Now that you have the SANE eating principle, work on practicing it every day until it feels normal and right. Then you know that the habit has become automatic for you.
At the end of each day, evaluate yourself: “Did I eat temperately?” If so, you are on the right track. But if not, then discern what is causing you to stumble then adjust your approach the next day until you perform that step consistently.
Eating temperately seems like a small thing, but it isn’t. Remember, Satan used the temptation of food to usher sin into the world!
So failing to take control of this “small” area can lead to big consequences. Jesus tells us in Luke 16:10: “He who is faithful in what is least is faithful also in much; and he who is unjust in what is least is unjust also in much.”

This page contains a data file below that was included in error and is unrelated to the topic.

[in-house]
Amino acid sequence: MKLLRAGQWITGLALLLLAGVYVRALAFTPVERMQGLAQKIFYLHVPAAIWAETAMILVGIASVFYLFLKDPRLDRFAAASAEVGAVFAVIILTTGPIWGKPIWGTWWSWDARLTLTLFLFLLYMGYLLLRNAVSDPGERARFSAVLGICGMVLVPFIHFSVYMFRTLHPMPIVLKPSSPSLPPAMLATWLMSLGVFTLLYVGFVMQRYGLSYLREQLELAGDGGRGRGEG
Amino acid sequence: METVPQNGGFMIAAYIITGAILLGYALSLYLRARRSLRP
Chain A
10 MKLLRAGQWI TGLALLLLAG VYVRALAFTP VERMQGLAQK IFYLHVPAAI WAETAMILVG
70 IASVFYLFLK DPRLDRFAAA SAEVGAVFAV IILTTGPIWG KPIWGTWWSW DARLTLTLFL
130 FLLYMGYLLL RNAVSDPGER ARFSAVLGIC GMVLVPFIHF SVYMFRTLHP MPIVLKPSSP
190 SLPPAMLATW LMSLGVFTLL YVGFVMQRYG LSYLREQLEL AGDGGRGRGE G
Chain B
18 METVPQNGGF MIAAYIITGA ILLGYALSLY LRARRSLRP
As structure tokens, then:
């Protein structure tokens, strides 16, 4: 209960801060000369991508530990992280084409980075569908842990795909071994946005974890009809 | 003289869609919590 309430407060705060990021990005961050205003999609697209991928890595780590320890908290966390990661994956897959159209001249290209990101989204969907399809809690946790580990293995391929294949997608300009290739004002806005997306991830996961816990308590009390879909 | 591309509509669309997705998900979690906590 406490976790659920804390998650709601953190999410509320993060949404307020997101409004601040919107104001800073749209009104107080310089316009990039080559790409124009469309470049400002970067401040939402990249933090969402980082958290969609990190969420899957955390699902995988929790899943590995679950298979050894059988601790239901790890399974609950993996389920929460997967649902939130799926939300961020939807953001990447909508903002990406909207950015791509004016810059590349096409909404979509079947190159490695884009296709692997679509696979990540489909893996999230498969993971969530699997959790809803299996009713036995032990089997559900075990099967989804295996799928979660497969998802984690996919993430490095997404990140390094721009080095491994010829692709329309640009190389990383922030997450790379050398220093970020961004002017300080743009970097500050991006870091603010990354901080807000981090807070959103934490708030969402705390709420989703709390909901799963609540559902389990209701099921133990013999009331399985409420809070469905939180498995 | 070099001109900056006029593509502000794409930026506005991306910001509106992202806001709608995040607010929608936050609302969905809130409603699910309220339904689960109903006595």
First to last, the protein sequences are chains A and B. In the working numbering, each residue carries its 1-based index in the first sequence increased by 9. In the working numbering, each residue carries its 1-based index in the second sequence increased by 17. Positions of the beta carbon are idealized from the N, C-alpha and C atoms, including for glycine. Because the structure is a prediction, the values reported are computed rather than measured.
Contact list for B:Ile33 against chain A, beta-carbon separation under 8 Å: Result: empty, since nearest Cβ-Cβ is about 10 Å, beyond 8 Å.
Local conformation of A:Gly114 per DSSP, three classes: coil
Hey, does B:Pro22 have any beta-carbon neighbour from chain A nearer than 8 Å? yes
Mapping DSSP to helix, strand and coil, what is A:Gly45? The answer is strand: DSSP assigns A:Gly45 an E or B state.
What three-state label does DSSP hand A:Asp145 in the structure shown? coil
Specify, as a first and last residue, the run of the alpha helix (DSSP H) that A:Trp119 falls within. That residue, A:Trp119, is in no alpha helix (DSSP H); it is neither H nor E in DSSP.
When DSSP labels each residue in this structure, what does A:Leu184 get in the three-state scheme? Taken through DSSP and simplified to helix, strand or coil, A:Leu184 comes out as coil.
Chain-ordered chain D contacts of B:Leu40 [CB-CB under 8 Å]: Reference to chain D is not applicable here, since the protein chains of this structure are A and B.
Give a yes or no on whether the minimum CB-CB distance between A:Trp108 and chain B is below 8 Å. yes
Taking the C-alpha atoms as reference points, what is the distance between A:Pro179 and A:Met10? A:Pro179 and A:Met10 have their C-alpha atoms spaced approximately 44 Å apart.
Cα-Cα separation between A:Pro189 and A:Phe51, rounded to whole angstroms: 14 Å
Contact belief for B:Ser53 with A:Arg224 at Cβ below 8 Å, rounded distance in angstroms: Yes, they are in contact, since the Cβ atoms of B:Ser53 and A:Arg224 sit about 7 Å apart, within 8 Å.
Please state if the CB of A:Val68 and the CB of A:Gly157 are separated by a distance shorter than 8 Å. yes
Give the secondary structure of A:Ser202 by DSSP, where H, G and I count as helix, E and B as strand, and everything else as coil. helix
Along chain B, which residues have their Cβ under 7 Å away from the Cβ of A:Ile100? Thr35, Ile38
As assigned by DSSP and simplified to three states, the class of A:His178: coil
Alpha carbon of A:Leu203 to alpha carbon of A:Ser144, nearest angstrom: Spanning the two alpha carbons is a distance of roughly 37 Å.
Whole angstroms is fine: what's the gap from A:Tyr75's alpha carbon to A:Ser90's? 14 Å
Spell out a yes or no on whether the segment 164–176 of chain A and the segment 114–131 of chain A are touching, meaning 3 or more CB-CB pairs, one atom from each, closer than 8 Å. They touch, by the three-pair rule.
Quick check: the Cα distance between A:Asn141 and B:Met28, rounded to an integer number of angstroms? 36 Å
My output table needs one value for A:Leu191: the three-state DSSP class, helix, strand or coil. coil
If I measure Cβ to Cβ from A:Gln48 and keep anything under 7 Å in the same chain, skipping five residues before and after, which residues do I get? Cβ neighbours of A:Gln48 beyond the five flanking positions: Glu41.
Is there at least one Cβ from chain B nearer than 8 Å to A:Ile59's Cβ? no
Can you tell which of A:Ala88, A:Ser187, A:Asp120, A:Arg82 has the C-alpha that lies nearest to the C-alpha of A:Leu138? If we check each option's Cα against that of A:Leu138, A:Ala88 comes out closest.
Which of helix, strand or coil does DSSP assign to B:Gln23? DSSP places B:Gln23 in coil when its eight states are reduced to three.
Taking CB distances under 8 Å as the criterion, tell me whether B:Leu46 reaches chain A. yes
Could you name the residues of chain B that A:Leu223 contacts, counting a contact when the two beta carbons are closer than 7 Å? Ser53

Practice temperance in your eating and I believe it will strengthen your faith and your character so that you can experience more of the abundant life Jesus promised!
Be blessed in health, healing and wholeness,
Author of the Take Back Your Temple program
P.S. Do you struggle with eating too much sugar? If so, you are not alone!
Overcoming sugar addiction was a key factor on my journey to losing 85 pounds and dropping from a size 22 to a size 8.
In our 14-day Sugar Detox Challenge (inside the the Take Back Your Temple program), you’ll get the same success strategies and support to gain peace in your eating habits and achieve lasting weight loss success.